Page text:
Gastroesophageal Reflux Disease Following Roux-en-Y Gastric Bypass
Journal of Laparoendoscopic&Advanced Surgical Techniques, Ahead of Print.
AbstractThis video shows the case of a 64-year-old morbidly obese woman, with a non-adjustable gastric band, who consulted for weight regain and gastroesophageal reflux disease (GERD) symptoms and was converted to Roux-en-Y gastric bypass (RYGB). The operative technique included extensive lysis of adhesions, complete band dissection, partial gastrectomy of the fundus and body due to band erosion and conversion to RYGB.
Bariatric surgery is a proven, efficacious, and durable treatment for obesity and weight-related diseases. In addition to other metabolic effects, surgery can have both a positive and negative clinical impact on GERD. The spectrum of surgical procedures currently offered have varying degrees of improvement or worsening of pre-existing symptoms or development of new symptoms. Of the most commonly performed bariatric procedures, Roux en-Y gastric bypass has been shown to be highly effective in treatment of GERD1, likely through a combination of weight loss and subsequent decrease of intra-abdominal pressure, as well as separ...
Conclusion: GERD may improve in obese patients who underwent laparoscopic sleeve gastrectomy (LSG); however, the most favorable effect is likely to be found after Roux-en-Y gastric bypass surgery. Prospero registration number: CRD42018090074.
Obesity is well known to increase the risk of gastroesophageal reflux disease (GERD). The impact of sleeve gastrectomy (SG) on GERD is still discussed but seems to be associated with the development of de novo GERD or the exacerbation of preexisting GERD.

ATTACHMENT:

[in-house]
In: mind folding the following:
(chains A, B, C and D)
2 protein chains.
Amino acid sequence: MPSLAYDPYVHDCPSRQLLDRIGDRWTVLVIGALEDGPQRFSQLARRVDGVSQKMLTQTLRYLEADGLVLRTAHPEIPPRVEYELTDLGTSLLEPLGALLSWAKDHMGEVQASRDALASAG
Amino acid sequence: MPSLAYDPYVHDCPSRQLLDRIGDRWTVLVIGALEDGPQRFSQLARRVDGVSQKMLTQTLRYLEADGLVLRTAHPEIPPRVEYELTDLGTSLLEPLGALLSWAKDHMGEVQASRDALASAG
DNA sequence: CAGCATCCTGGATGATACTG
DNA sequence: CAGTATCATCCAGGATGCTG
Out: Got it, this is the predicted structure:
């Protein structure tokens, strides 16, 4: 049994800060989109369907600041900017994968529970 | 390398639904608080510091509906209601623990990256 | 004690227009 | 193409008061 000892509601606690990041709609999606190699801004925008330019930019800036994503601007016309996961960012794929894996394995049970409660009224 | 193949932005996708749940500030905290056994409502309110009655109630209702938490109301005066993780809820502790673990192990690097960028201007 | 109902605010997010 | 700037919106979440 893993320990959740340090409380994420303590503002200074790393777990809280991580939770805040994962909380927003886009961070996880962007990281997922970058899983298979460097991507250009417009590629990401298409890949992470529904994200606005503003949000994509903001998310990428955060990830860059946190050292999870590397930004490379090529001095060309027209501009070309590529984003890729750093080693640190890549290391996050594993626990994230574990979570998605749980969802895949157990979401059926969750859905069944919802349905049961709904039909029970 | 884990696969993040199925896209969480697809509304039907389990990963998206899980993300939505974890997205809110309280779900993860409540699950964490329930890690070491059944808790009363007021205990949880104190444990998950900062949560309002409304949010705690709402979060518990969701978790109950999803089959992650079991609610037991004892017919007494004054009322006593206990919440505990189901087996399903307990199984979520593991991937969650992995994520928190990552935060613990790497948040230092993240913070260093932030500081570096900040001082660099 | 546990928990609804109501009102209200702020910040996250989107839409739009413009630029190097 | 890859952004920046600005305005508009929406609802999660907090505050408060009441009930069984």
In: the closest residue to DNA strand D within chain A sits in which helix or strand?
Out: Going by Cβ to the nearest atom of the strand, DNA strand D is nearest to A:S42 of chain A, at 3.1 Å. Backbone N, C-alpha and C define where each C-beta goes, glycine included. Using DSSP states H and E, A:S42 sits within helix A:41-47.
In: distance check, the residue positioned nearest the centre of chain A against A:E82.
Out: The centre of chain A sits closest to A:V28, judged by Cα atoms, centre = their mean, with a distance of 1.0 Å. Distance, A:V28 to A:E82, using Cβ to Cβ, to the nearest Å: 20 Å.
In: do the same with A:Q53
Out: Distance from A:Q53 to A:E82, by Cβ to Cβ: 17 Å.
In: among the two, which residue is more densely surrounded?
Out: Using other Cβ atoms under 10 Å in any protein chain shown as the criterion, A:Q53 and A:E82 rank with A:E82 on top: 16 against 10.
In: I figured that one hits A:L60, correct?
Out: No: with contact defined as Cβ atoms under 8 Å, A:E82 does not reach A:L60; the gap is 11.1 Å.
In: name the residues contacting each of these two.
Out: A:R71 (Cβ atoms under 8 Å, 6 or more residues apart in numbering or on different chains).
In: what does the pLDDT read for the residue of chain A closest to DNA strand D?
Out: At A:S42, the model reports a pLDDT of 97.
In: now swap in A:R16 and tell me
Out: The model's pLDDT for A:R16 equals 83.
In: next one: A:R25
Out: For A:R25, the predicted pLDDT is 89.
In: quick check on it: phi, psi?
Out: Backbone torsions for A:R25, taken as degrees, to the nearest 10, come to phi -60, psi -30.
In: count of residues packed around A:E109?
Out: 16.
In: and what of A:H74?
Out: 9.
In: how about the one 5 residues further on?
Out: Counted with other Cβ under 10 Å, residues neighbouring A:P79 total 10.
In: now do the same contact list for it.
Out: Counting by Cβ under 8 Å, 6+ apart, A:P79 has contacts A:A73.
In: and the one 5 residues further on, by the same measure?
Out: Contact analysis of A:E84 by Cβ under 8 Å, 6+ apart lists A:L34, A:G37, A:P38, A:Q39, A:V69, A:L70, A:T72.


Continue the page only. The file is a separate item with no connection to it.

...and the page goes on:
ConclusionsForegut pathology is common in bariatric patients with subjective symptoms of GERD. Implementing a comprehensive protocol to objectively assess these patients leads to a significant clinical impact on which procedure these patients ultimately undergo.
This study included patients who underwent primary laparoscopic Roux-en-Y gastric bypass (LRYGB) or laparoscopic sleeve gastrectomy (LSG). The primary outcome of interest was incisional SSI occurring within 30 days. Surgeries performed in 2015 were used in a derivation cohort and the predictive tool was validated against the 2016 cohort. A forward selection algorithm was used to build a logistic regression model predicting probability of SSI.ResultsA total of 274,187 patients were included with 71.7% being LSG and 28.3% LRYGB. 0.7% of patients had a SSI in which 71.0% had an incisional SSI, and 29.9% had an organ/spa...
One-anastomosis gastric bypass (OAGB) is an accepted bariatric and metabolic surgery with certain important complications, such as postoperative gastroesophageal reflux disease (GERD) and bile reflux (BR), which are not well addressed in literature.
One anastomosis gastric bypass (OAGB) is an accepted bariatric and metabolic surgery with certain important complications such as post-operative gastroesophageal reflux disease (GERD) and bile reflux (BR), which are not well addressed in literature.
Sandeep Aggarwal, Amit Bhambri, Vitish Singla, Nihar Ranjan Dash, Atul SharmaJournal of Minimal Access Surgery 2020 16(2):175-178Mini-gastric bypass/one anastomosis gastric bypass (MGB/OAGB) is an emerging weight loss surgical procedure. There are serious concerns not only regarding the symptomatic biliary reflux into the stomach and the oesophagus but also the increased risk of malignancy after MGB/OAGB. A 54-year-old male, with a body mass index (BMI) of 46.1 kg/m2, underwent Robotic MGB at another centre on 22nd June 2016. His pre-operative upper gastrointestinal endoscopy was not done. He lost 58 kg within 18 months af...
ConclusionA tailored HIDA scan protocol with addition of a SPECT-CT scan, ingestion of a fatty meal and prolonged scanning duration results in enhanced bile reflux detection in post-bariatric surgical patients.